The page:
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COURTS: Murderer of 90-year-old Paddy Lyons loses appeal against conviction

Report from the courts

Dundalk man has sentence increased by Court of Appeal

Court of Appeal, Dublin

Ross Outram, who was jailed for life for the murder of 90-year-old Paddy Lyons, has lost his appeal against conviction.

The Court of Appeal has said that his suggestion that an elderly man who had sustained a serious beating resulting in a brain injury, then independently and unconnected to that assault, sustained a fatal fall, stretched credulity beyond rational limits.

Outram (30) of Ferryland, Waterford Road, Clonmel in Tipperary, was found guilty in 2019 by a Central Criminal Court jury of murdering Mr Lyons at Loughleagh, Ballysaggart, Lismore, Waterford, at a time unknown between February 23 and 26, 2017.

Mr Lyons was the oldest man in his village.

His Central Criminal Court trial heard that the farmer’s body was discovered slumped in his armchair at his home, with blood smeared down his face.

Mr Lyons had suffered multiple blows to his head and neck from a blunt weapon and had fractures of his hip joint, jawbone and ribs.

The hip fracture was given as the cause of death.

He had lived alone on his farm, with no running water, and had “trusted everyone”, the court heard.

However, he became the victim of what trial judge Justice Paul Coffey described as a “truly shocking and outrageous” attack by Outram, who had previous convictions for burglary and assault.

Mr Lyons’ home help, Mary Fennessy, who knew him for over 20 years said that “if anyone deserved a place in heaven it’s Paddy”.

The three-week trial heard medical evidence that Mr Lyons suffered a “stiffness or fusion” of his right shoulder during childbirth and could only keep it in one position. However, Outram told gardaí in interviews that he had “fought back” after Mr Lyons hit him with a walking stick and shovel. He had lied in his first six interviews.

His barrister, Michael O’Higgins, argued that he had acted in self-defence and that he could not be made liable for “a fall” which saw Mr Lyons break his hip if it was unconnected to the original injuries inflicted on him by the defendant.


Mr Justice Coffey told the jury that in order to convict Outram of murder it must be satisfied beyond reasonable doubt that Mr Lyons’ fall and the fracture of his hip was either directly caused by the multiple blows inflicted on him or it was reasonably foreseeable that it was a natural consequence of these blows.

The jury found him guilty and Outram was sentenced to life in prison.

However, he appealed his conviction to the Court of Appeal earlier this year. Mr O’Higgins again argued that there was no proof that Outram caused the injury that led to the pensioner’s death. He said there was no basis for the jury to find beyond a reasonable doubt that the hip fracture was caused by the assault and not by an accidental fall after his client had left the scene.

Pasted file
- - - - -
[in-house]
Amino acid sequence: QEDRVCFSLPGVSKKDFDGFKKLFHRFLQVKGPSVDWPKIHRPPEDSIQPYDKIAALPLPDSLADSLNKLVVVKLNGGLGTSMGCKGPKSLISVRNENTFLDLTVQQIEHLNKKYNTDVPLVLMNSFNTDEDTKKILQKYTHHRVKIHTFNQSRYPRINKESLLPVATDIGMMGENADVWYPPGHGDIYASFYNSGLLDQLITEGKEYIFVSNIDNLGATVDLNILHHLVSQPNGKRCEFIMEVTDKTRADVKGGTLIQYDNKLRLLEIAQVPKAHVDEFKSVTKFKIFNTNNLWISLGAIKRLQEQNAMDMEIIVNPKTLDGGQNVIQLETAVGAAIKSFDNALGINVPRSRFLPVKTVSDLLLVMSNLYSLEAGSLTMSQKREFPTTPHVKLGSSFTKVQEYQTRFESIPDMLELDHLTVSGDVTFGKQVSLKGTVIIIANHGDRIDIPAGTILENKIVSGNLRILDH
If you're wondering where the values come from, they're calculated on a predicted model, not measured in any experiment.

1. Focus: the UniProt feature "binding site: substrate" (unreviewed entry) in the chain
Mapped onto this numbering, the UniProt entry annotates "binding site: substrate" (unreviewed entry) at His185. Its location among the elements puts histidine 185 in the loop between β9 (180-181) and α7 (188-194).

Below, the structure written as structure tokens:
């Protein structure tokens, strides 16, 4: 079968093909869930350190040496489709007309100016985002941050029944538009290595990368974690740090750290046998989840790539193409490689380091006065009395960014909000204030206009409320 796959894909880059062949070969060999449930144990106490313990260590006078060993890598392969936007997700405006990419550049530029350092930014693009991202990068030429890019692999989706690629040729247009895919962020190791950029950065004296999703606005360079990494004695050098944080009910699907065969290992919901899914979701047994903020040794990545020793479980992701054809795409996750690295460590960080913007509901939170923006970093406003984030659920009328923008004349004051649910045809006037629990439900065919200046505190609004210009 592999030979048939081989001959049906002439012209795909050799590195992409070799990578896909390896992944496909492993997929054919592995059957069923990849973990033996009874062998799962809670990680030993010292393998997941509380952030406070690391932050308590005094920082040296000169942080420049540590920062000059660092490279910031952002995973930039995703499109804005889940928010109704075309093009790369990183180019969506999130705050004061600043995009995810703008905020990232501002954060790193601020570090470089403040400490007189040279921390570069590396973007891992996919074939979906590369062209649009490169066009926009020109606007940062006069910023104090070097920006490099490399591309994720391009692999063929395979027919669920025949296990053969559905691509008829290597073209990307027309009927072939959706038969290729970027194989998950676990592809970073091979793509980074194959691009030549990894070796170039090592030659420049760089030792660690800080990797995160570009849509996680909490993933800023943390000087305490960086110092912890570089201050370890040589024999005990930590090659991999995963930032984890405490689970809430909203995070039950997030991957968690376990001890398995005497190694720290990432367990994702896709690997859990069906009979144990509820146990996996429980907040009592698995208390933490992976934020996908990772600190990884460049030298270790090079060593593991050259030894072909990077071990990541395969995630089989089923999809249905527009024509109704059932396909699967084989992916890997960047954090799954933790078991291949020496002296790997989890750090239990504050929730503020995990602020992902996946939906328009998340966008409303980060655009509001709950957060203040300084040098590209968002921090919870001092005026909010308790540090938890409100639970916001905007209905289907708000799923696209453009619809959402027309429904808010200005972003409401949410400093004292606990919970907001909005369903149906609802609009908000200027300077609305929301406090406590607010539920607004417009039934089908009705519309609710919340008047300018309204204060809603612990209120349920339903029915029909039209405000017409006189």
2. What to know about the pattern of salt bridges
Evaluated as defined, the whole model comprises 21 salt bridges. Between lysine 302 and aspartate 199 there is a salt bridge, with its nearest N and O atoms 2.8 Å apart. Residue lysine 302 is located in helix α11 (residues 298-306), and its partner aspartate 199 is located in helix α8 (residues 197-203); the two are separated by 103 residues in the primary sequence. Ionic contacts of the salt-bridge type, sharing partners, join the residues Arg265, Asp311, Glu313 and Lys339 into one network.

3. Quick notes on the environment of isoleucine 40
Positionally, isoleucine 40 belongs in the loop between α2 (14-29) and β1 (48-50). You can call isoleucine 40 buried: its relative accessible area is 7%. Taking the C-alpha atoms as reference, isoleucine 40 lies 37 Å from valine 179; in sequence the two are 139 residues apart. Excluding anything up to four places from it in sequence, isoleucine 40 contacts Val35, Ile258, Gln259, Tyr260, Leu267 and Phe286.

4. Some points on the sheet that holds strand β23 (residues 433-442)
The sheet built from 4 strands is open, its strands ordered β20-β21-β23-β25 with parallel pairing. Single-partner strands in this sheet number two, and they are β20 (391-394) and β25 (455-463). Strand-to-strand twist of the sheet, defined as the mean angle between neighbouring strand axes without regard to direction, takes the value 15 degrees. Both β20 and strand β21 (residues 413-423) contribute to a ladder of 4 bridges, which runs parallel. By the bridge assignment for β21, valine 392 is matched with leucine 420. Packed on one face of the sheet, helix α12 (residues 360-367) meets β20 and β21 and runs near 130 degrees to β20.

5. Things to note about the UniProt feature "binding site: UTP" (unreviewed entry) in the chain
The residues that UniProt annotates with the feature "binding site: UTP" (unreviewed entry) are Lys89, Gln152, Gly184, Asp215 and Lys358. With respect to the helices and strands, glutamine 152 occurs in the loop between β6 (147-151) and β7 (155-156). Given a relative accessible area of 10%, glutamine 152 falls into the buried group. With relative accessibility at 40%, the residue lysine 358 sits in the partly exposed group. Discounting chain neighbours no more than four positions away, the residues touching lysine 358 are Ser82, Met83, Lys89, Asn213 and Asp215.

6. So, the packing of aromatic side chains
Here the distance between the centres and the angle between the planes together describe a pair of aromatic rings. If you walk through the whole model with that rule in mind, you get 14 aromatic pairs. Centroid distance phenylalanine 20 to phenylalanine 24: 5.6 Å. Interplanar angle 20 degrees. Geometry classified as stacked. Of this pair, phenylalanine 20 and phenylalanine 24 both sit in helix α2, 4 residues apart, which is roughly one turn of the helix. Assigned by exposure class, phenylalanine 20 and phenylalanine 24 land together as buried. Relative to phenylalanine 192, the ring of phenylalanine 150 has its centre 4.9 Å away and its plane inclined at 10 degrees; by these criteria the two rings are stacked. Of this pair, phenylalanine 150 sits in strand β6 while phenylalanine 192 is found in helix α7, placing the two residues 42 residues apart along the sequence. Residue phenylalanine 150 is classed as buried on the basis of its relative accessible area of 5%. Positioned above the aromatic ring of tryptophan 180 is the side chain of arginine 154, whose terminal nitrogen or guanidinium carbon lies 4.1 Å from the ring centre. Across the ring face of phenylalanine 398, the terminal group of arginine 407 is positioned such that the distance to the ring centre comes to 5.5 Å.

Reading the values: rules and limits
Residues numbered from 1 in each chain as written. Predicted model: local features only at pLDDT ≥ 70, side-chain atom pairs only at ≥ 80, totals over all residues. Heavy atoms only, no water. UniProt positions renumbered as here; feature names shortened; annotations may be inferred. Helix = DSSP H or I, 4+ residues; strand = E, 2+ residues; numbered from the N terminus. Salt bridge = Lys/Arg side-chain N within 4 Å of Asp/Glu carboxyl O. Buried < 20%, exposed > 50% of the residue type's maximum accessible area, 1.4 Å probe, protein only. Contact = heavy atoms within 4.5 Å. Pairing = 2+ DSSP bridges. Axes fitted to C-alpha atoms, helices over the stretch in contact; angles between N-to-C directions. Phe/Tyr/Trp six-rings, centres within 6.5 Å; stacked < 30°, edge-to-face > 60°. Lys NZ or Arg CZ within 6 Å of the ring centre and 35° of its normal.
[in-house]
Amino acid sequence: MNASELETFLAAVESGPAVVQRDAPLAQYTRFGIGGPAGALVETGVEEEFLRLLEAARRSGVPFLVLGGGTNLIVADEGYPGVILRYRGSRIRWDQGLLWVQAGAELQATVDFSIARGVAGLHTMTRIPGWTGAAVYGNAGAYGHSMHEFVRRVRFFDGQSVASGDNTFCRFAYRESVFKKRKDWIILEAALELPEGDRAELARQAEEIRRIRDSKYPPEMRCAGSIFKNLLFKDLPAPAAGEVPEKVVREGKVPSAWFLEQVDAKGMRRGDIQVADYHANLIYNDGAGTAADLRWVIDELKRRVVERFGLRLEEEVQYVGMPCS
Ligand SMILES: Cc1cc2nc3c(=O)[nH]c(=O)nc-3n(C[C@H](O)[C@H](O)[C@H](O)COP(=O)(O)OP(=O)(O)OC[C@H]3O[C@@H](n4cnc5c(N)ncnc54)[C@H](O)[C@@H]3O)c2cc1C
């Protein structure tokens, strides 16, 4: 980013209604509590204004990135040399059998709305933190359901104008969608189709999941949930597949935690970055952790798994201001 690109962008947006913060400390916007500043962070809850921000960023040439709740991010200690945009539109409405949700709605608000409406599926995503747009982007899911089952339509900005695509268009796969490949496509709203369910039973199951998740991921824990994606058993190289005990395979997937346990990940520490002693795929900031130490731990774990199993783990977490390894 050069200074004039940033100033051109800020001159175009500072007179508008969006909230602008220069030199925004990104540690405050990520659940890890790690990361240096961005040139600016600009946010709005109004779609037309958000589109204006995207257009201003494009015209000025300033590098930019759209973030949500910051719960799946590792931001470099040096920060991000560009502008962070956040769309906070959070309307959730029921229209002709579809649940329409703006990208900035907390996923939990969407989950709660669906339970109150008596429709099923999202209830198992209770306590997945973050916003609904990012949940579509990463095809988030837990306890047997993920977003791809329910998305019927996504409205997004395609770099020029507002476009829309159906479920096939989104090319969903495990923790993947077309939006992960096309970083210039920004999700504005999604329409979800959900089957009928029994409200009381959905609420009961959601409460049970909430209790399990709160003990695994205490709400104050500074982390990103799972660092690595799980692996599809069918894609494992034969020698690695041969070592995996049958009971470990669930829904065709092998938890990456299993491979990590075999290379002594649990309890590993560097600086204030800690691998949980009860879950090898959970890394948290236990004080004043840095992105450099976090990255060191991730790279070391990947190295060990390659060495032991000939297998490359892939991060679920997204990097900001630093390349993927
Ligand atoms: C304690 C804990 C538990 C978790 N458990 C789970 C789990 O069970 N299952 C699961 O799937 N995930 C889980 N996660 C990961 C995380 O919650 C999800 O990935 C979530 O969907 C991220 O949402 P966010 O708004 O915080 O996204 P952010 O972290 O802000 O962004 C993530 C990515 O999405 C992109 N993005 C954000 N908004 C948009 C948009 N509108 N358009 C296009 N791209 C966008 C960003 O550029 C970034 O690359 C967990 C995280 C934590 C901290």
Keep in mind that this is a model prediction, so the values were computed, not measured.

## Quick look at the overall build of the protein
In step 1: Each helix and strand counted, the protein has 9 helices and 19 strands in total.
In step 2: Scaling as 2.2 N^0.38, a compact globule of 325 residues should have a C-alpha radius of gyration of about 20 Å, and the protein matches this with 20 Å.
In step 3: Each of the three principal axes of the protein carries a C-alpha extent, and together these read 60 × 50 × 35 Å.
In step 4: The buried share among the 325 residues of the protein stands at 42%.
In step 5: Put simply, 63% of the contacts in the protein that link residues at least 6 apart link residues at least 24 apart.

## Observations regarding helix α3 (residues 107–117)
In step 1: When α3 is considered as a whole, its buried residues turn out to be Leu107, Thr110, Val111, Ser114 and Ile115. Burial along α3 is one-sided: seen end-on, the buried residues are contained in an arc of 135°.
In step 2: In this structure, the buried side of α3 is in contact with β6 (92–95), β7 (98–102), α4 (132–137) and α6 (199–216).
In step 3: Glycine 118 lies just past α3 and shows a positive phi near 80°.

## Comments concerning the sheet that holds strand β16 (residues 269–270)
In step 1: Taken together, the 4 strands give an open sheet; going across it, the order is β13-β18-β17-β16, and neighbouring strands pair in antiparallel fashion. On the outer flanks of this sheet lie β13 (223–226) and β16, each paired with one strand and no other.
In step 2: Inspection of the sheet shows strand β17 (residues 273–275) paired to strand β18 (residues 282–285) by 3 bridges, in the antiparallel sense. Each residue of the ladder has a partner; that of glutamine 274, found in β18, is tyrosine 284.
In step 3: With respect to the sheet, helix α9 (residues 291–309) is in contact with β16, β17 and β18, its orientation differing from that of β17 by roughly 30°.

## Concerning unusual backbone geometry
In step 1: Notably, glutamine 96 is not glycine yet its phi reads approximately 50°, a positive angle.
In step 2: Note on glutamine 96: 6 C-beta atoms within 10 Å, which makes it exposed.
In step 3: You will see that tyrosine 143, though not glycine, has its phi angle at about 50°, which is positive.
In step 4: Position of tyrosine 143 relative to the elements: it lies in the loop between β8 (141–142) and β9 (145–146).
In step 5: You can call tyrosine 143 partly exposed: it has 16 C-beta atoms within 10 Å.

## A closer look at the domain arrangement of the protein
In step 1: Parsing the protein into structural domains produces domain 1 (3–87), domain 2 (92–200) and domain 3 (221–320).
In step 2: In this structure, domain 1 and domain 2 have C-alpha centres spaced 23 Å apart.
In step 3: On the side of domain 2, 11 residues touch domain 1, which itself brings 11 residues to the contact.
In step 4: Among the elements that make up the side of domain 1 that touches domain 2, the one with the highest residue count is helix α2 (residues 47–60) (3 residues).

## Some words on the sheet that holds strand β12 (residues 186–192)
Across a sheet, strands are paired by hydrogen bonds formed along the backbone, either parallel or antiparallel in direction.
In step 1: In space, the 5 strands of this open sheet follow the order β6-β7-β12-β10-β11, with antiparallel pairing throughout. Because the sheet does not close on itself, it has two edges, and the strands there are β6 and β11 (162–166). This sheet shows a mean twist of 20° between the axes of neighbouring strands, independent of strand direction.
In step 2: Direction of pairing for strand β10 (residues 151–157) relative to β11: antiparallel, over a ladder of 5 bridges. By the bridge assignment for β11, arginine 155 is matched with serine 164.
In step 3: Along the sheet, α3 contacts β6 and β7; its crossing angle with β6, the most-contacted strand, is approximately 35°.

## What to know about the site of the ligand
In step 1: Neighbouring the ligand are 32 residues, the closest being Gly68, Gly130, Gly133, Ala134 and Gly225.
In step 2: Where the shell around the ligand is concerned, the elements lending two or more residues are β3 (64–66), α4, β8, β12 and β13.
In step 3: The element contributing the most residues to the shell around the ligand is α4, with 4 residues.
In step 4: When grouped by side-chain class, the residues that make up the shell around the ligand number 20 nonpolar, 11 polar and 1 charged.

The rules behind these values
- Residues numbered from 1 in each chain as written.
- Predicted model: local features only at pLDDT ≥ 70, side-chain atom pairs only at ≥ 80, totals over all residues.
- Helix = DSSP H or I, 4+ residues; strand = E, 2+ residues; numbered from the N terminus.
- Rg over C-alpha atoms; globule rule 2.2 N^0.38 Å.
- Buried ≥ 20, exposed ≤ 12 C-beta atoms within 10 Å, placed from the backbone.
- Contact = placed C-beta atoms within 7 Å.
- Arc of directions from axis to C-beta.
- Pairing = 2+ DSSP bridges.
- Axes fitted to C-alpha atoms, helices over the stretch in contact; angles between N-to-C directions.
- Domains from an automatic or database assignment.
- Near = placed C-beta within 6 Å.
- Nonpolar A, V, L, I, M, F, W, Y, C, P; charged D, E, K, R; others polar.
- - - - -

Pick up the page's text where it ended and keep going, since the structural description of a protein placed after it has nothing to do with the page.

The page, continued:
He summarised the evidence of Assistant State Pathologist Dr Margot Bolster.

Dr Bolster had suggested that the hip injury could have been caused by a fall and there was blood pooling in various areas around the house that suggested Mr Lyons was mobile after the beating.

Mr O’Higgins said that there was another possibility, which was that he had tripped or fallen in a spontaneous event, independent of the attack.

“It was unfortunate, it was an accident,” he said.

Mr O’Higgins said that if a version of events favourable to the accused is reasonably possible then the jury must accept that version as the prosecution had failed to prove its case beyond reasonable doubt.

John O’Kelly, SC for the Director of Public Prosecutions, said there is no evidence of a fall and even if there were, the jury was entitled to find that the fall was connected to the beating he had received from Outram.

He also noted that Dr Bolster had said the injuries to the head contributed to his death.

Justice Isobel Kennedy, who sat with Justice John Edwards and Justice Patrick McCarthy, delivered a written judgement last Friday.

“We cannot agree with Mr O’Higgins’ suggestion that it is not only necessary for the prosecution to prove that the appellant violently assaulted the deceased, but that the State must also prove that the appellant caused the deceased to fall, thus shattering his hip,” they wrote.

They said that the possibility that he was able to move in the aftermath did not relieve the appellant of criminal responsibility.

“To suggest that an elderly man who had sustained a serious beating resulting in a brain injury, and then independently and unconnected to that assault, sustained another injury, stretches credulity beyond rational limits,” they added.

They accordingly dismissed the appeal.

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